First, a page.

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The Right Way to Approach Commercial Auditions

The Right Way to Approach Commercial Auditions
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No matter what you’ve learned in class or been told at drama school, nothing can fully prepare you for commercial auditions.

Over the years, I’ve had some very strange experiences at the hands of commercial casting professionals. I’ve rolled around on the floor, I’ve danced with wild abandon, I’ve sung at the top of my lungs, I’ve mimed playing rugby, mimed playing Cricket, mimed winning the world cup, mimed too many things to remember. I’ve been faster, louder, not so big, much bigger than that. I’ve smiled at the appropriate moment, nodded, or if the moment specified, held out a can of soda and gazed at it in appreciation. I’ve stood there and listened.

And the only conclusion I can make after all this time is that every audition is different, every casting director is different, and every advertising executive is different. Every situation is different.

For the seasoned commercial actor or the new talent just starting out, here are a couple ways to approach commercial auditions that may make it all a bit easier.

Don’t think about the money.
Do whatever you can to eliminate the end goal from your mind. Focus on what you can control: Doing a good job now in the hopes of maybe getting a callback.

Look the part.
This will automatically eliminate 50 percent of those who turn up. You don’t need to go the whole hog—though many do—but you should wear something appropriate for the character. Use the work you do to develop a wardrobe of clothes you can apply to any occupation.

READ: How to Get Cast in a Commercial

Laugh it off.
Loads of people are going for this one spot. Sometimes you’re one of hundreds. Contrary to popular belief, I find this idea relaxing. The odds are so slim that there is no point getting wound up about it. If you are able to enter and leave the room without too much pressure on yourself, your ease and authenticity will immediately separate you from many other candidates.

Say yes to any redirect.
At this point of the audition, they are probably not as interested in your take on the material as their own. This is also a liberating idea. If you commit to their direction with enthusiasm and energy, that in itself is memorable and rewarding for them (and a surefire way to stand out).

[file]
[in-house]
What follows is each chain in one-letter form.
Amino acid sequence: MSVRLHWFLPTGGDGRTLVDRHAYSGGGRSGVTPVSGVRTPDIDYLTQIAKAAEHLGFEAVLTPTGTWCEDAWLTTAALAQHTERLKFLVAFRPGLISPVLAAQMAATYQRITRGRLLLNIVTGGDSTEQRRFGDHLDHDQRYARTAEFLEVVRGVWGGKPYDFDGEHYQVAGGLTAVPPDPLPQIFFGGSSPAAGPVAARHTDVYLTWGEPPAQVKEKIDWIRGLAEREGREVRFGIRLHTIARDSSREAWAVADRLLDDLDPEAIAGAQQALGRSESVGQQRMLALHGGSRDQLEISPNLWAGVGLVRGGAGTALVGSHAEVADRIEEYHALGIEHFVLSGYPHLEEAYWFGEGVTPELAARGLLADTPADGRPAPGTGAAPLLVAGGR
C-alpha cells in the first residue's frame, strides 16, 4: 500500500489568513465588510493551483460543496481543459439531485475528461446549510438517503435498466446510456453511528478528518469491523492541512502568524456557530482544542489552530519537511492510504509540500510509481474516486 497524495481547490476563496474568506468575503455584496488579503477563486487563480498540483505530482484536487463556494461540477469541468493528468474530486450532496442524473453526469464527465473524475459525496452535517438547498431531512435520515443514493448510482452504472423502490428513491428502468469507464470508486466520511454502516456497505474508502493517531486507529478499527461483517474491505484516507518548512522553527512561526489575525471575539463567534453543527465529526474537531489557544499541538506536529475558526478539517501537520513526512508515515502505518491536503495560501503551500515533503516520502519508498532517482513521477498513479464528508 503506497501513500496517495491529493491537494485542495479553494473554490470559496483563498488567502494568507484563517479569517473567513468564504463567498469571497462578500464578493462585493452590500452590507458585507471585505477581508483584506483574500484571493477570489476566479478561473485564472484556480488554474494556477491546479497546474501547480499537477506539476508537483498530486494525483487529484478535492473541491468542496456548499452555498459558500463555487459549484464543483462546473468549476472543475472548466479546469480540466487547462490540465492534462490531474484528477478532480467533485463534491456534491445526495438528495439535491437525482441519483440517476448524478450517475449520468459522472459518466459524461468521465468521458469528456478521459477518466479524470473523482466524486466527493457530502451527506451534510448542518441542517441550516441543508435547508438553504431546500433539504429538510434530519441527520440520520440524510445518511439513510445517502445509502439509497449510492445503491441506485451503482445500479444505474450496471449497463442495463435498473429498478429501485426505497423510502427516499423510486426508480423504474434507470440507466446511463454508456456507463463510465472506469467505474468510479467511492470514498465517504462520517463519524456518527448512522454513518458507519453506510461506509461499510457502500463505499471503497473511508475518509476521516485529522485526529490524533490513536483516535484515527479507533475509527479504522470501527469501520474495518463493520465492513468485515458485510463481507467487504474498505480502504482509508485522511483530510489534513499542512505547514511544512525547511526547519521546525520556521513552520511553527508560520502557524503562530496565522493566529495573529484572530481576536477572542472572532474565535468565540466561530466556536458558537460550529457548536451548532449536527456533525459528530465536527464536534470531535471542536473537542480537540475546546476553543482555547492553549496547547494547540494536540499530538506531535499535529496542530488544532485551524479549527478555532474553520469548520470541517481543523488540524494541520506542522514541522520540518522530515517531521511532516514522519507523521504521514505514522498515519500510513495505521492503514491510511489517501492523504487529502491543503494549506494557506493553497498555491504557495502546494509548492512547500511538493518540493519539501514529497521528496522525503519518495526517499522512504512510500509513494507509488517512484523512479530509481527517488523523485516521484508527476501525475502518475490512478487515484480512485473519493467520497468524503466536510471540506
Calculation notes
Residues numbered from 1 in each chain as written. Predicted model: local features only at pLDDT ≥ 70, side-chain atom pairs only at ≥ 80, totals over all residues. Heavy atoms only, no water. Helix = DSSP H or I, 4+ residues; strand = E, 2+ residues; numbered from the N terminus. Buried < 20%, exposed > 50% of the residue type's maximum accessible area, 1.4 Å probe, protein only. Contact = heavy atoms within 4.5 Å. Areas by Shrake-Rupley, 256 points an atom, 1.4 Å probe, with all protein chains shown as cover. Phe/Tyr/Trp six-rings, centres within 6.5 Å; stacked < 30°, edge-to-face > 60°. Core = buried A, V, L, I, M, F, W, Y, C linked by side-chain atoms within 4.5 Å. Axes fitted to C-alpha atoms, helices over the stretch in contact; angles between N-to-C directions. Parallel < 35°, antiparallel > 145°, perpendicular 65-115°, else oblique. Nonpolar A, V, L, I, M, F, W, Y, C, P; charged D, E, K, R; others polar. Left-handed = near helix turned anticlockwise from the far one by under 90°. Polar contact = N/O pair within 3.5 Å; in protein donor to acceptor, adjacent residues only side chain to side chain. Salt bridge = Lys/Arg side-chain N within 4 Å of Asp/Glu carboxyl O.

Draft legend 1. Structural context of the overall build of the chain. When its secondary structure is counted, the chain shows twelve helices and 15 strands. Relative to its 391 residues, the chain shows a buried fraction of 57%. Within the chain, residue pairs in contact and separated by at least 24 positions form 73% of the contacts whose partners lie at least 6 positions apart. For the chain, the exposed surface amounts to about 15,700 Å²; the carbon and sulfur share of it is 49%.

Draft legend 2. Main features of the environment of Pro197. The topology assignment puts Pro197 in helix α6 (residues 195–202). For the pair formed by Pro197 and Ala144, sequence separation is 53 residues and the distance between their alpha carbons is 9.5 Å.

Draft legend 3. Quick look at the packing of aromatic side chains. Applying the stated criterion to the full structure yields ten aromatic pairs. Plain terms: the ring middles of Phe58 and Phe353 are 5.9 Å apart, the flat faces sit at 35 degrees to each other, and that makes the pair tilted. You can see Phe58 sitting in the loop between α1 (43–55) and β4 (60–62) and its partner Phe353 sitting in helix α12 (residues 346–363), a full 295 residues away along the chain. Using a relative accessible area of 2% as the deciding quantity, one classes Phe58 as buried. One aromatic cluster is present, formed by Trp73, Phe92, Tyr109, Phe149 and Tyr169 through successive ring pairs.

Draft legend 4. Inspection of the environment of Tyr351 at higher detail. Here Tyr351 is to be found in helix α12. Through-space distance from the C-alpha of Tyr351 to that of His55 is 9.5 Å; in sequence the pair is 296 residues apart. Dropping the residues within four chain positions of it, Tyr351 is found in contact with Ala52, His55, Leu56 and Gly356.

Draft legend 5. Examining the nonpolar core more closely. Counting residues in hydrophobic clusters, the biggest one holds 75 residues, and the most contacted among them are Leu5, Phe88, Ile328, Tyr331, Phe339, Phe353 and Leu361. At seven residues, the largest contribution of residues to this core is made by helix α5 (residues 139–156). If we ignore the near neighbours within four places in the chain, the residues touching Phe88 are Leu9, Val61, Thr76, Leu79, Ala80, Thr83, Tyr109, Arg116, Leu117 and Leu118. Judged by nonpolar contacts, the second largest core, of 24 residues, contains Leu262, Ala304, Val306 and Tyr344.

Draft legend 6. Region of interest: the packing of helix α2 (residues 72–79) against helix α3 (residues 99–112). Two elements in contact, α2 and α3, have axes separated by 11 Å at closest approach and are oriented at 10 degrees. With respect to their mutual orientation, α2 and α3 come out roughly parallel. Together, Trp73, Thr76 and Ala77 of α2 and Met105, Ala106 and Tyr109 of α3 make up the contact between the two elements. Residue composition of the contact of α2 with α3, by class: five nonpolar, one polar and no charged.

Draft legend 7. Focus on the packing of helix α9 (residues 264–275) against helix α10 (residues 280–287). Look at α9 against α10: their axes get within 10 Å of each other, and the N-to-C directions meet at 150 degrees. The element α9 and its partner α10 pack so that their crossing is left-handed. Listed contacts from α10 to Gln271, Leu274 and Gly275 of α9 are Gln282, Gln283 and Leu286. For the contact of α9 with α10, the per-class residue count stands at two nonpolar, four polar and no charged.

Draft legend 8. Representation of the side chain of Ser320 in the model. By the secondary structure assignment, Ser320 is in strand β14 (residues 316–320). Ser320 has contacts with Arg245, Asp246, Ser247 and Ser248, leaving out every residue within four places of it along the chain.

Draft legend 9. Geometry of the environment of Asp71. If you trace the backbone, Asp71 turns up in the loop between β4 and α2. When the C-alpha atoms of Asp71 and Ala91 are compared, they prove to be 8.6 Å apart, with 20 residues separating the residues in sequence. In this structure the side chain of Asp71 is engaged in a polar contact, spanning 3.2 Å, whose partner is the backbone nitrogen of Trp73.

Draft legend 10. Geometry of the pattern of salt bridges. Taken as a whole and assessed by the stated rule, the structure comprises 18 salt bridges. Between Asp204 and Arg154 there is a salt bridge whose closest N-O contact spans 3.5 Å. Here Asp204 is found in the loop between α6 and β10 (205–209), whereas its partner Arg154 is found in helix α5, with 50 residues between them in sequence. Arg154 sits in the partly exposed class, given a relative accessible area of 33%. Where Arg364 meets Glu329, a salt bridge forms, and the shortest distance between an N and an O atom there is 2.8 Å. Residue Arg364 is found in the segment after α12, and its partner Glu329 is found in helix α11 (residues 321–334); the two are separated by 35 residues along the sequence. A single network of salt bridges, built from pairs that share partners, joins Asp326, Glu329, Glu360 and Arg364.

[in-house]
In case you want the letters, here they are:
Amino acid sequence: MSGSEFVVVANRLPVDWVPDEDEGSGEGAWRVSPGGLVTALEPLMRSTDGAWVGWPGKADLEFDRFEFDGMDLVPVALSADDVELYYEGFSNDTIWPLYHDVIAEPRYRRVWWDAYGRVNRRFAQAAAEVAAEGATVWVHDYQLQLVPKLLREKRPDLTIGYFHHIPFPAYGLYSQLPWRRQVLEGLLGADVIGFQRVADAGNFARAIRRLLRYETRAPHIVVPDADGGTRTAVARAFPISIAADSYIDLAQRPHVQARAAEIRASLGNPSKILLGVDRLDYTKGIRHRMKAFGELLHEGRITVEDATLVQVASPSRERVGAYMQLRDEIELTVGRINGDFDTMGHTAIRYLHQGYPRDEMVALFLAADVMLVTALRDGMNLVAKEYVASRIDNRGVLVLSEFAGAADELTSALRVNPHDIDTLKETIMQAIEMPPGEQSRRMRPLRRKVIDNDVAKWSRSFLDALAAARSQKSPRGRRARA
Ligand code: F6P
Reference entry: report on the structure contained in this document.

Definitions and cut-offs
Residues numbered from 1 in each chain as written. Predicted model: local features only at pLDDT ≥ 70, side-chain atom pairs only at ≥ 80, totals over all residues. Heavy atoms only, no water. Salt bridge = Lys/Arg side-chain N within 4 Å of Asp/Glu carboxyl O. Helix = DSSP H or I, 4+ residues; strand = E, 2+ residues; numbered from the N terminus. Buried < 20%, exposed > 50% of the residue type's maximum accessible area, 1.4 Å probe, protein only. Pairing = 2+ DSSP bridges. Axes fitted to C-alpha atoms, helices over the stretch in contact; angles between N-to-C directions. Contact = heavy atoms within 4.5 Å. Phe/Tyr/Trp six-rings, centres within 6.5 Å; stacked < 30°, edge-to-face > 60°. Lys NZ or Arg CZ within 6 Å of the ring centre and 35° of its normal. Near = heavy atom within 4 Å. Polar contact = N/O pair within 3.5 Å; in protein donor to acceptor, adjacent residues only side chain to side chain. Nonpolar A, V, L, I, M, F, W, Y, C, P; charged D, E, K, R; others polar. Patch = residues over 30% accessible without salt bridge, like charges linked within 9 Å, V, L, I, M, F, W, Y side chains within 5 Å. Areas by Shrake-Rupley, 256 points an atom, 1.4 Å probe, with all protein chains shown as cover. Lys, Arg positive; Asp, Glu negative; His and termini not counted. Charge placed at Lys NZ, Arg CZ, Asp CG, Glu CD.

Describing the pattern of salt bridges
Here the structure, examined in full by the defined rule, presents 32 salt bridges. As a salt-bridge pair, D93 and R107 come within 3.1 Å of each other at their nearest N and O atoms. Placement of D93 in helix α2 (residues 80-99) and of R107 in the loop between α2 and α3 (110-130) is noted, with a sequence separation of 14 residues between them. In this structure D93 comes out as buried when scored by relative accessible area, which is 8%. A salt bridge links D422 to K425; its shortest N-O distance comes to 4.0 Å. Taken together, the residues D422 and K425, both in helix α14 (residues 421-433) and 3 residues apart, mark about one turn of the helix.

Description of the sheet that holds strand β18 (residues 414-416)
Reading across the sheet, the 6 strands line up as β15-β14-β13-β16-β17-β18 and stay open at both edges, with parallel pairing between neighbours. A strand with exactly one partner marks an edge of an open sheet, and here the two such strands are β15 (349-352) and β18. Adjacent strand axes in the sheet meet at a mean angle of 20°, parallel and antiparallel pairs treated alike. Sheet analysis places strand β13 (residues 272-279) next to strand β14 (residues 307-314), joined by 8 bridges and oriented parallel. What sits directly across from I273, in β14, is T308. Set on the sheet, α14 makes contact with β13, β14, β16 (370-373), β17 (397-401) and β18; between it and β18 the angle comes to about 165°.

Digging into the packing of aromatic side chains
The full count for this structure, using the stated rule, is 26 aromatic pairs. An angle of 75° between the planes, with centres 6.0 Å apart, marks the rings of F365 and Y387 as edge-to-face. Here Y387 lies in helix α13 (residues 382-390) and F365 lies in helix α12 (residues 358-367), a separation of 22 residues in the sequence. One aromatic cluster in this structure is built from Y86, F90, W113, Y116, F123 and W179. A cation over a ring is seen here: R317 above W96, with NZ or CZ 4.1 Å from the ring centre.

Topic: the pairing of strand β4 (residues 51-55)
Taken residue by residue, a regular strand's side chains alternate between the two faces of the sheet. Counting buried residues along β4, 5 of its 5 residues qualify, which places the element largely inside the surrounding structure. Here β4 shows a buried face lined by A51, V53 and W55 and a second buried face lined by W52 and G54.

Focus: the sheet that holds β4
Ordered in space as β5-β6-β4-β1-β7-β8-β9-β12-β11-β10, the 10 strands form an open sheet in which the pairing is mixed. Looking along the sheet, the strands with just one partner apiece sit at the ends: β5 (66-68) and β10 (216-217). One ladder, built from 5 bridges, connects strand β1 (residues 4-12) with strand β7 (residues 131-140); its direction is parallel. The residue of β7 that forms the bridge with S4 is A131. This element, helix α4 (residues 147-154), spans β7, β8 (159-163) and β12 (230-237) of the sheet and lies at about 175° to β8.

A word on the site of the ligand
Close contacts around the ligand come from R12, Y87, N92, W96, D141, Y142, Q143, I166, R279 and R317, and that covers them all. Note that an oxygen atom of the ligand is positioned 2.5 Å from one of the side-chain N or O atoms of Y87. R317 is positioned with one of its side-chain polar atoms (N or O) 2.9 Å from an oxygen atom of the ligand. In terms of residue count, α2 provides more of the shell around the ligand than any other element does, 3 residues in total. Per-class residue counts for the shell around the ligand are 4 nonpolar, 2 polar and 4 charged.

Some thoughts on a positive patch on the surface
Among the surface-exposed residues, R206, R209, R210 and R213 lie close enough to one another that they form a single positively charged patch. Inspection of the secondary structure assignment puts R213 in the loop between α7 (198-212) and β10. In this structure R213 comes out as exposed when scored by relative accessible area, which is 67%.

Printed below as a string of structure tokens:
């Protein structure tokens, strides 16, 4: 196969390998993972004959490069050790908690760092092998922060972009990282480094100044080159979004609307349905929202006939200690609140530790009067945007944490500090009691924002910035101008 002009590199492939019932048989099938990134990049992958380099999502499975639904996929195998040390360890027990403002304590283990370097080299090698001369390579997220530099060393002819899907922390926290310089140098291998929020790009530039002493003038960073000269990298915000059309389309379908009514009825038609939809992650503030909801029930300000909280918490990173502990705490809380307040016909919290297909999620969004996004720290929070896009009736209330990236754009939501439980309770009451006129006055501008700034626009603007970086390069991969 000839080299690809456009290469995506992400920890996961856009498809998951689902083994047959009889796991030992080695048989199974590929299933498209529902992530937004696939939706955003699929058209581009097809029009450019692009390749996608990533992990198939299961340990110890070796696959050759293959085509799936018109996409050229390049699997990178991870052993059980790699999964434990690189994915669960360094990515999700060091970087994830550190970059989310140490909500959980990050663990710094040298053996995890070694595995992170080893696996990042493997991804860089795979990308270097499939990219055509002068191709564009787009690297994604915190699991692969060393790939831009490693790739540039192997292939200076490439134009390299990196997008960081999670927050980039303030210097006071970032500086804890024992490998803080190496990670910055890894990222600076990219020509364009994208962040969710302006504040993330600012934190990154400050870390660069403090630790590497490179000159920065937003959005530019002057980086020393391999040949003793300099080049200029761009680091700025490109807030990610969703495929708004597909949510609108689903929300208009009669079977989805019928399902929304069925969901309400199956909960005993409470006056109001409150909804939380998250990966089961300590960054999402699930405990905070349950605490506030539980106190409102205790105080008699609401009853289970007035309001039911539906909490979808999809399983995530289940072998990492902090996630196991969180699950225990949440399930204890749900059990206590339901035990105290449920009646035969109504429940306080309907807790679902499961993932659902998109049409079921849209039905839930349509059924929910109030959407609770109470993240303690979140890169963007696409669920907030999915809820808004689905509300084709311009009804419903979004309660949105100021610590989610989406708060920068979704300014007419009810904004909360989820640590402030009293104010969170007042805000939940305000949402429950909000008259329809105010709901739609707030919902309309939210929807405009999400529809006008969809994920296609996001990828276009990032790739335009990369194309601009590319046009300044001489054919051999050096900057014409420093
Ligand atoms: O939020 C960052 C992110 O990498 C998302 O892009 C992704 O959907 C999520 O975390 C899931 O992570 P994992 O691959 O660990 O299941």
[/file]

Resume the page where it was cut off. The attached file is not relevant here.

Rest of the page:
Be authentic.
Always use as much of yourself as is possible. Sometimes I find it useful to read the character brief only once in my prep or draw a line through those things which will lead me to losing my authenticity. For example, if part of the brief reads “incredibly attractive,” cross it out. Even if you are incredibly attractive, you can’t play that and if you were to try, you would come across as slightly ridiculous.

Use the waiting room as part of your prep.
Take in the environment. Notice things in the room. Become curious of objects. Try to avoid reading passively or staring at your phone. Remain focused but keep your attention and awareness outside of yourself. This will put you in a good place, help with any nerves, and leave you open to new ideas or crazy directions.

Only learn your lines.
Seriously. Unless you have to go in with a particular song or skill, just learning the lines for the audition will leave you more open to new ideas. Do your work, visualize, know the copy really well, if possible, but let the action of the scene be something you find on the day.

Lastly, and perhaps most importantly, if you use some or all of these ideas in your work, the most important piece of advice you can get or give when it comes to the commercial casting session is just have fun. You have nothing to lose by doing so and you’ll be able to deal with the ups and downs of the commercial industry much better if you make that your main goal.

Originally from New Zealand, Jamie is an actor, director, and acting coach. As an actor, his TV and film credits include “Underbelly Land of the Long Green Cloud,” “Crushed,” “Westside,” “Anzac Girls,” and much more. Currently a member of the faculty at Theatre of Arts in Hollywood, Jamie has also coached and directed for Actors Centre Australia, NIDA, Griffin Theatre Company, North Shore Drama, Ensemble Theatre and CCMT. Jamie trained at NIDA and has privately coached many actors in acting, audition prep, text analysis, showreel production, new media writing, on-camera, and voiceover. For more information about Jamie, visit his website:

Check out Backstage’s commercial audition listings! 

The views expressed in this article are solely that of the individual(s) providing them,
and do not necessarily reflect the opinions of Backstage or its staff.

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